Guest Post, Vytautas Malesh: Face Your Critics, Face Your Fears, Face Yourself.

Vytautas Malesh Bio PhotoSooner or later, we all have to deal with critics. The old chestnut goes something along the lines of “but my mom says I’m brilliant,” and so we’ll have to forego any maternal input on our literary efforts in favor of words less warm, but probably more honest. Whether we’re talking about a submission editor’s hasty notes, a mentor’s line-by-line markup, or an Iowa-style “dead author” workshop session, the writer’s job in the face of criticism is to learn from that criticism. It’s a herculean task, but one which you the writer must master since, well, go back and read the first sentence.

While it is tempting to rest assured of your own brilliance, know that you dismiss any piece of criticism at your own peril. You’ll get the occasional ill-informed vagary along the lines of “I dunno, I just didn’t like it” or something else equally unhelpful. You’ll often find this sort of criticism in low-level undergraduate writing workshops around midterm and finals weeks, or following a weekend of epic tailgating. No need to really pay that too much attention if you are not so inclined.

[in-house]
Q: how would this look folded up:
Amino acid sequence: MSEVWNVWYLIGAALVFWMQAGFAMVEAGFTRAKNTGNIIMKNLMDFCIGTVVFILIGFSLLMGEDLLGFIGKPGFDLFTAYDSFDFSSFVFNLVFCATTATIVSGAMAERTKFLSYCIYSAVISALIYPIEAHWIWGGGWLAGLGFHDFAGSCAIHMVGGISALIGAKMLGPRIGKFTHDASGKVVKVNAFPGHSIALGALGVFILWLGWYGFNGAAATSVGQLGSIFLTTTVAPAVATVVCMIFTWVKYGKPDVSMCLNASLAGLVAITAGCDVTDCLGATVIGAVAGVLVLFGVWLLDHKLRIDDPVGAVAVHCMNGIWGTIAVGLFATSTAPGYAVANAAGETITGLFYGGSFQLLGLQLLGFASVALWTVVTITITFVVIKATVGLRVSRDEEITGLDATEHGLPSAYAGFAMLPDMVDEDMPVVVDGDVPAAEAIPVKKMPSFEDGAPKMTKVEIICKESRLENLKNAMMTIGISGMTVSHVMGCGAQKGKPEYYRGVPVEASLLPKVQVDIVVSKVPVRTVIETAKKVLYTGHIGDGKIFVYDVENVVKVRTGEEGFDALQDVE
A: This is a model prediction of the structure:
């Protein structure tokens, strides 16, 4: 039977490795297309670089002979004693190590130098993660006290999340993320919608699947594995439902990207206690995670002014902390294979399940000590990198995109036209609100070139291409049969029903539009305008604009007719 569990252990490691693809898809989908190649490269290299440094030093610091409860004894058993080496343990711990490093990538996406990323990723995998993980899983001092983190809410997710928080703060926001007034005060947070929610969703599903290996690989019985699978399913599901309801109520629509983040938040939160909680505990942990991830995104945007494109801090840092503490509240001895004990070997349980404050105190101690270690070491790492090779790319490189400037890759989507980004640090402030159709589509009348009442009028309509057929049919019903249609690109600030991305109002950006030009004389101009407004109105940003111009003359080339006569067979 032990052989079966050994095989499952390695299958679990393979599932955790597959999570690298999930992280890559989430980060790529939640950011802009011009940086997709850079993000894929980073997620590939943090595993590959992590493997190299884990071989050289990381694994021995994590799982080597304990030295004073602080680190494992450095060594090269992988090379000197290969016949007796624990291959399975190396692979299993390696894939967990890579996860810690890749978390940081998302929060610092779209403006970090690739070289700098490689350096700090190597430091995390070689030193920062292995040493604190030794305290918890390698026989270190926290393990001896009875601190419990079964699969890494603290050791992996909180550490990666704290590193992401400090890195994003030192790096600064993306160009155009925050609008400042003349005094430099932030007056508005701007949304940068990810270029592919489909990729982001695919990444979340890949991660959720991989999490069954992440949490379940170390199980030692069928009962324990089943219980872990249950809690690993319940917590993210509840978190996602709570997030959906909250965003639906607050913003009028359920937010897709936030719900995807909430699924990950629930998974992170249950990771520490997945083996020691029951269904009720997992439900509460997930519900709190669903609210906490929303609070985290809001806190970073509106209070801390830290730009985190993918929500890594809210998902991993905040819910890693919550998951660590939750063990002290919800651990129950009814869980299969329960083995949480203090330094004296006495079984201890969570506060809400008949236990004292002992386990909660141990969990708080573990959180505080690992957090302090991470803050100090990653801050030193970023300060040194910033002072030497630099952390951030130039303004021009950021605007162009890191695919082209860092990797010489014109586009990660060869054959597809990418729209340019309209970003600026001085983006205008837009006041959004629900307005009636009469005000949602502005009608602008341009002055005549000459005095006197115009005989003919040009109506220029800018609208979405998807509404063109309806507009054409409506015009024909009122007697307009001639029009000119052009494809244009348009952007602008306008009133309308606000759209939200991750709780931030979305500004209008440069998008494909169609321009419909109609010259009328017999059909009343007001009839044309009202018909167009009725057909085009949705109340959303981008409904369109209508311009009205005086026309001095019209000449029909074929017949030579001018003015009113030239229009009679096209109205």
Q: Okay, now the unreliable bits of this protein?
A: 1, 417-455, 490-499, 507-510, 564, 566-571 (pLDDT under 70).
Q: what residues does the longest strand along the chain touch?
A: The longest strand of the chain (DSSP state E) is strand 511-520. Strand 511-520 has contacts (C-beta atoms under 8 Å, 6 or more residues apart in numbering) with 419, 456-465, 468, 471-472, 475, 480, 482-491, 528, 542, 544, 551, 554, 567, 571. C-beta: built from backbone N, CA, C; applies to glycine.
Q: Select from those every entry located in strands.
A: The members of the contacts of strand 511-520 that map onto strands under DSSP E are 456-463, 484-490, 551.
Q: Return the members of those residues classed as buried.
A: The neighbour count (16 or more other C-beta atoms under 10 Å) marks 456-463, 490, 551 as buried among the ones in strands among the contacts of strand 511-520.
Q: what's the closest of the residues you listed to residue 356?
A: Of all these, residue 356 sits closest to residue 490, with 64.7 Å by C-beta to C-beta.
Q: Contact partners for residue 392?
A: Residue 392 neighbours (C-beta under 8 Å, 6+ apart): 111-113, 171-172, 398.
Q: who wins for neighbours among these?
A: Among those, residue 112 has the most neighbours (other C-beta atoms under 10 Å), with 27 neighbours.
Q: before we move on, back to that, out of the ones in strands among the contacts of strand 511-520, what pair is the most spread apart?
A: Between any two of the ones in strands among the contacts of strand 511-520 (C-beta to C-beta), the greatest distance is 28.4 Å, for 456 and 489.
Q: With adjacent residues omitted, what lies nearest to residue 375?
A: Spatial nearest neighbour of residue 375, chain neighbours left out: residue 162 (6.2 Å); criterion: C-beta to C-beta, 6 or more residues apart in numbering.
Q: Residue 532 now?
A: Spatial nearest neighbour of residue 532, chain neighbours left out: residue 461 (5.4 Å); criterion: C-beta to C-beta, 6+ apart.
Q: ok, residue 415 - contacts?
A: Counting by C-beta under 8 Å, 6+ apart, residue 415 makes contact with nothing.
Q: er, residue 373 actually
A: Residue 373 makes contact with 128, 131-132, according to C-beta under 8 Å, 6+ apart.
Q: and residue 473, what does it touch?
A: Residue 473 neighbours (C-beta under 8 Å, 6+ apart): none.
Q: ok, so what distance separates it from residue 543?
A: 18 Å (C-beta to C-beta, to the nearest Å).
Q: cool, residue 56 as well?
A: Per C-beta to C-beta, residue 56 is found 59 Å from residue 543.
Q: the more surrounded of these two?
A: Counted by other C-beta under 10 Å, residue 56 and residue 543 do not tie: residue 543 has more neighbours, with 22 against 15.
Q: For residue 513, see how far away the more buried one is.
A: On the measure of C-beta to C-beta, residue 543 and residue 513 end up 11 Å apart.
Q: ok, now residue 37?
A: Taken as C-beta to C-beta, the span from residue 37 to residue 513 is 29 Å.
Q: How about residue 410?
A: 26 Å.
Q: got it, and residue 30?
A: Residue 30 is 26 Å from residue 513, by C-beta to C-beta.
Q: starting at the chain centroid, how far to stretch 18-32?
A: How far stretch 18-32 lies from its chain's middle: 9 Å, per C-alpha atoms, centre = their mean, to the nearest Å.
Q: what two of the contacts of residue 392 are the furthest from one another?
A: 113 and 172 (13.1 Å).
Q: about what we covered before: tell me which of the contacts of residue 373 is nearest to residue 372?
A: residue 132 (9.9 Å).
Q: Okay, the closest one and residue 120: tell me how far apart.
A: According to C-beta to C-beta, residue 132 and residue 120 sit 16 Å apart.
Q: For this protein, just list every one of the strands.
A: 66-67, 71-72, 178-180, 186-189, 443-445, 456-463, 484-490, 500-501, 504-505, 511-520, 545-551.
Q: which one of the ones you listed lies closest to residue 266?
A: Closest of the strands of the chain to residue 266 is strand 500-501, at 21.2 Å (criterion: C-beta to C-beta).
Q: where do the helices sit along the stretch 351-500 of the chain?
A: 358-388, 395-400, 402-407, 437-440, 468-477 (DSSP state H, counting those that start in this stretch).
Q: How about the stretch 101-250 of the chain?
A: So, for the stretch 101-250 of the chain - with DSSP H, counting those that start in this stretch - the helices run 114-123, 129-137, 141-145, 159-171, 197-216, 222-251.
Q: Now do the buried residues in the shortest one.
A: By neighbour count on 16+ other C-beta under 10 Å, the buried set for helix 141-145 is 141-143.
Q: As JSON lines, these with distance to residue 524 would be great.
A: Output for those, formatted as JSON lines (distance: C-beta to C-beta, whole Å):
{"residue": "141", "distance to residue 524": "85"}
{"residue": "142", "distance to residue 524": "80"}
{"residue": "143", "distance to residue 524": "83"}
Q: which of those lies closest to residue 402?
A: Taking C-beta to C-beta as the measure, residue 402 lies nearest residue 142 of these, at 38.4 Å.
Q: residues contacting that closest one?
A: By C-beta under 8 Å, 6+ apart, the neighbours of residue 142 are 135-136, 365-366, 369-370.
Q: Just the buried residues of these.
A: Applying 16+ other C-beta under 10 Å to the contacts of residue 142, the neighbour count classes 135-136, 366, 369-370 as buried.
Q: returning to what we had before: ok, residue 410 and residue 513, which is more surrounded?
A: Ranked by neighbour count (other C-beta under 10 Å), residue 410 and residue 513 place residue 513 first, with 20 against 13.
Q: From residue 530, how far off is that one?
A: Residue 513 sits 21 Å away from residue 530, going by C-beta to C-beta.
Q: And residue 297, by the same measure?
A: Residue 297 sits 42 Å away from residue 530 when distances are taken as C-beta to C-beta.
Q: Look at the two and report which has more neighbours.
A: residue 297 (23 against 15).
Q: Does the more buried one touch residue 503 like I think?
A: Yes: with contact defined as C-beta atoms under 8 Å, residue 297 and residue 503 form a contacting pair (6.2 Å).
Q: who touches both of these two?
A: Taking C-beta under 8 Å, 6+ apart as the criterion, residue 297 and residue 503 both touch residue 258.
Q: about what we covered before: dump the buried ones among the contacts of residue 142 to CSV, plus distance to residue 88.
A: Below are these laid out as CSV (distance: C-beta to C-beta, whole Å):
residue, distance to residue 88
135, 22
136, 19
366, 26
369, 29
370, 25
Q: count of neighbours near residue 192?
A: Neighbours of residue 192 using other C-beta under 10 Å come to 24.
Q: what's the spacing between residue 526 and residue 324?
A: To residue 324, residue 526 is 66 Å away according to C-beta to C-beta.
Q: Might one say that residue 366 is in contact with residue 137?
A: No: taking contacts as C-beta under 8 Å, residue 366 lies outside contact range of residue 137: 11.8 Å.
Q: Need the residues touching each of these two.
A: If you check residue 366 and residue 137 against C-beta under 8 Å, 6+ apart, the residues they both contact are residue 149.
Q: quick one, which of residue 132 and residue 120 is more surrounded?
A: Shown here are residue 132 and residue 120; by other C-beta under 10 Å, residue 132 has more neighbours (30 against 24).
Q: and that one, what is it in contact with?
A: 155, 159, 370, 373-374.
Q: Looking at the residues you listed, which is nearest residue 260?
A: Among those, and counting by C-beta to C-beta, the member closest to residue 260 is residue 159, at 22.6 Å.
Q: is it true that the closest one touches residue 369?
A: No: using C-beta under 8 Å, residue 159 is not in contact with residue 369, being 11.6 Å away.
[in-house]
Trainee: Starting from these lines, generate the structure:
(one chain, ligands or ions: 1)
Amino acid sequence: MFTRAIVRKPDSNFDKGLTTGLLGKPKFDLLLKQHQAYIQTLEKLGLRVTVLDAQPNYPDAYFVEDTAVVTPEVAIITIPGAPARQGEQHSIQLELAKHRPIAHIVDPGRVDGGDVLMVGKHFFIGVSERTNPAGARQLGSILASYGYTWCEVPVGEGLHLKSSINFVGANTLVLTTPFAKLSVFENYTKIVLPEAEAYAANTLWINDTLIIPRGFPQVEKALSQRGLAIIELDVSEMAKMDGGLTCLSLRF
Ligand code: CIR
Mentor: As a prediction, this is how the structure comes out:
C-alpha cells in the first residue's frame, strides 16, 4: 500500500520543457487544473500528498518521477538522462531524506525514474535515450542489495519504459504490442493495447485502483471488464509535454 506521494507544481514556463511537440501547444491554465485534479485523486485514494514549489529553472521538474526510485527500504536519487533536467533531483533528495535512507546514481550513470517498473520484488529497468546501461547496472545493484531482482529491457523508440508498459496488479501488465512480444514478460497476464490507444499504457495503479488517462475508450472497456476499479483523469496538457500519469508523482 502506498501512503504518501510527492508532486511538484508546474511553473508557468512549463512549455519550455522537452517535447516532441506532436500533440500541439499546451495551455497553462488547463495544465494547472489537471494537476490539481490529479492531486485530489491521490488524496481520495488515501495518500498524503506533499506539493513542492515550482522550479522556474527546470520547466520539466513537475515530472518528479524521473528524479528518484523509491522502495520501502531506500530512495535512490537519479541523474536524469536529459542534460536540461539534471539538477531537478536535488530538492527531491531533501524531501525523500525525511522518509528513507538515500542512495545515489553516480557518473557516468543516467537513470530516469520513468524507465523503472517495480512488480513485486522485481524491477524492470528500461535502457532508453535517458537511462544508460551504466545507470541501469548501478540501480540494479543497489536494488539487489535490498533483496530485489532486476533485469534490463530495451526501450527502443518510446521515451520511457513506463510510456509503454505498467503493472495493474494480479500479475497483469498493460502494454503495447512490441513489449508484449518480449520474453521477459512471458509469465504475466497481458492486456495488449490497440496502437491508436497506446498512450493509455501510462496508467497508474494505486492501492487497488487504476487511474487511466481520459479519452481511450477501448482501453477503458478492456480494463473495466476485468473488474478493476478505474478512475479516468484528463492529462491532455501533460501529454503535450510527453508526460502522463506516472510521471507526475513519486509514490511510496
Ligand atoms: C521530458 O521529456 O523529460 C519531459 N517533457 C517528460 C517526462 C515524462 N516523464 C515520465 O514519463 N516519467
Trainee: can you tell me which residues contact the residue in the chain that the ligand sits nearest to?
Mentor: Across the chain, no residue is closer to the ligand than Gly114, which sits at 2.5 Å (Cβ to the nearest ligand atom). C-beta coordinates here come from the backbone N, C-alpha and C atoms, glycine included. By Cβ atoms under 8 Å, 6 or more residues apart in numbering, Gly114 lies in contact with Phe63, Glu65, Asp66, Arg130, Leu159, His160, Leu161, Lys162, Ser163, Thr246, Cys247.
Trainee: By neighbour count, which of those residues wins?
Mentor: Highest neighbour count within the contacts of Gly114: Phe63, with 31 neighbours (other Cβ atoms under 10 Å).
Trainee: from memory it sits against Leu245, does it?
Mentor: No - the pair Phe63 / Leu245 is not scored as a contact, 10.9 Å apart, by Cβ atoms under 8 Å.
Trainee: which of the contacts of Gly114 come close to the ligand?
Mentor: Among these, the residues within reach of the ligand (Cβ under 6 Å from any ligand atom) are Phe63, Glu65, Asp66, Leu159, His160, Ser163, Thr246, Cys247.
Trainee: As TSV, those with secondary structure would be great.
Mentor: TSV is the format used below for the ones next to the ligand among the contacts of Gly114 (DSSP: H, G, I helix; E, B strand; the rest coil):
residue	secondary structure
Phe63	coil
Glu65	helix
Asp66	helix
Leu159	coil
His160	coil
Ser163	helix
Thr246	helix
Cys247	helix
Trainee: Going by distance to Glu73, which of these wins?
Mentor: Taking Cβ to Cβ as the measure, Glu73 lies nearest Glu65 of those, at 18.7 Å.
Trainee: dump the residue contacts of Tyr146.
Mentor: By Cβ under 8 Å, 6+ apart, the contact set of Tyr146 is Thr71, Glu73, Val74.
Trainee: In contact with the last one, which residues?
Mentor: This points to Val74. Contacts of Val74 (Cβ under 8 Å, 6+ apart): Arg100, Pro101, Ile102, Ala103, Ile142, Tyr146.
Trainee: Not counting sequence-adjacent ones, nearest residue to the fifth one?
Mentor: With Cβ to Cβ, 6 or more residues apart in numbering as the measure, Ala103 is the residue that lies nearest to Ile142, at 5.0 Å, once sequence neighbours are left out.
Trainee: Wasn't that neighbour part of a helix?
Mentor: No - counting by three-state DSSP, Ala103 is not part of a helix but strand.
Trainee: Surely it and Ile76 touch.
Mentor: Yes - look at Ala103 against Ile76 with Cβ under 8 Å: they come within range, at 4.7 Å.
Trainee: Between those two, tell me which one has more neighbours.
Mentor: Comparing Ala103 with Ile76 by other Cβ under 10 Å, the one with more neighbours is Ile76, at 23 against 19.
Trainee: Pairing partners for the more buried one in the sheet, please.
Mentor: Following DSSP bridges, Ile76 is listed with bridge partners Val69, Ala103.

But I digress.

Assuming that the critic has indeed read your work, considered it, and wants to offer constructive and helpful notes, it’s important to humble yourself and to listen. Criticism can sting, badly. That’s not quite doing it justice:  criticism can make you want to curl up into a ball and never write again. But that’s what happens when you let your ego get in the way of your craft, and if you’re going to write – and, as a consequence, deal with critics – you must let go of your ego.

Some critics are relatively easy to endure – pedants checking your spelling and grammar, for example. Others are easy to dismiss if they are trying too hard to inject their own style matter into your work – the minimalist who insists you could chop your complex character drama down to about the length of a sonnet.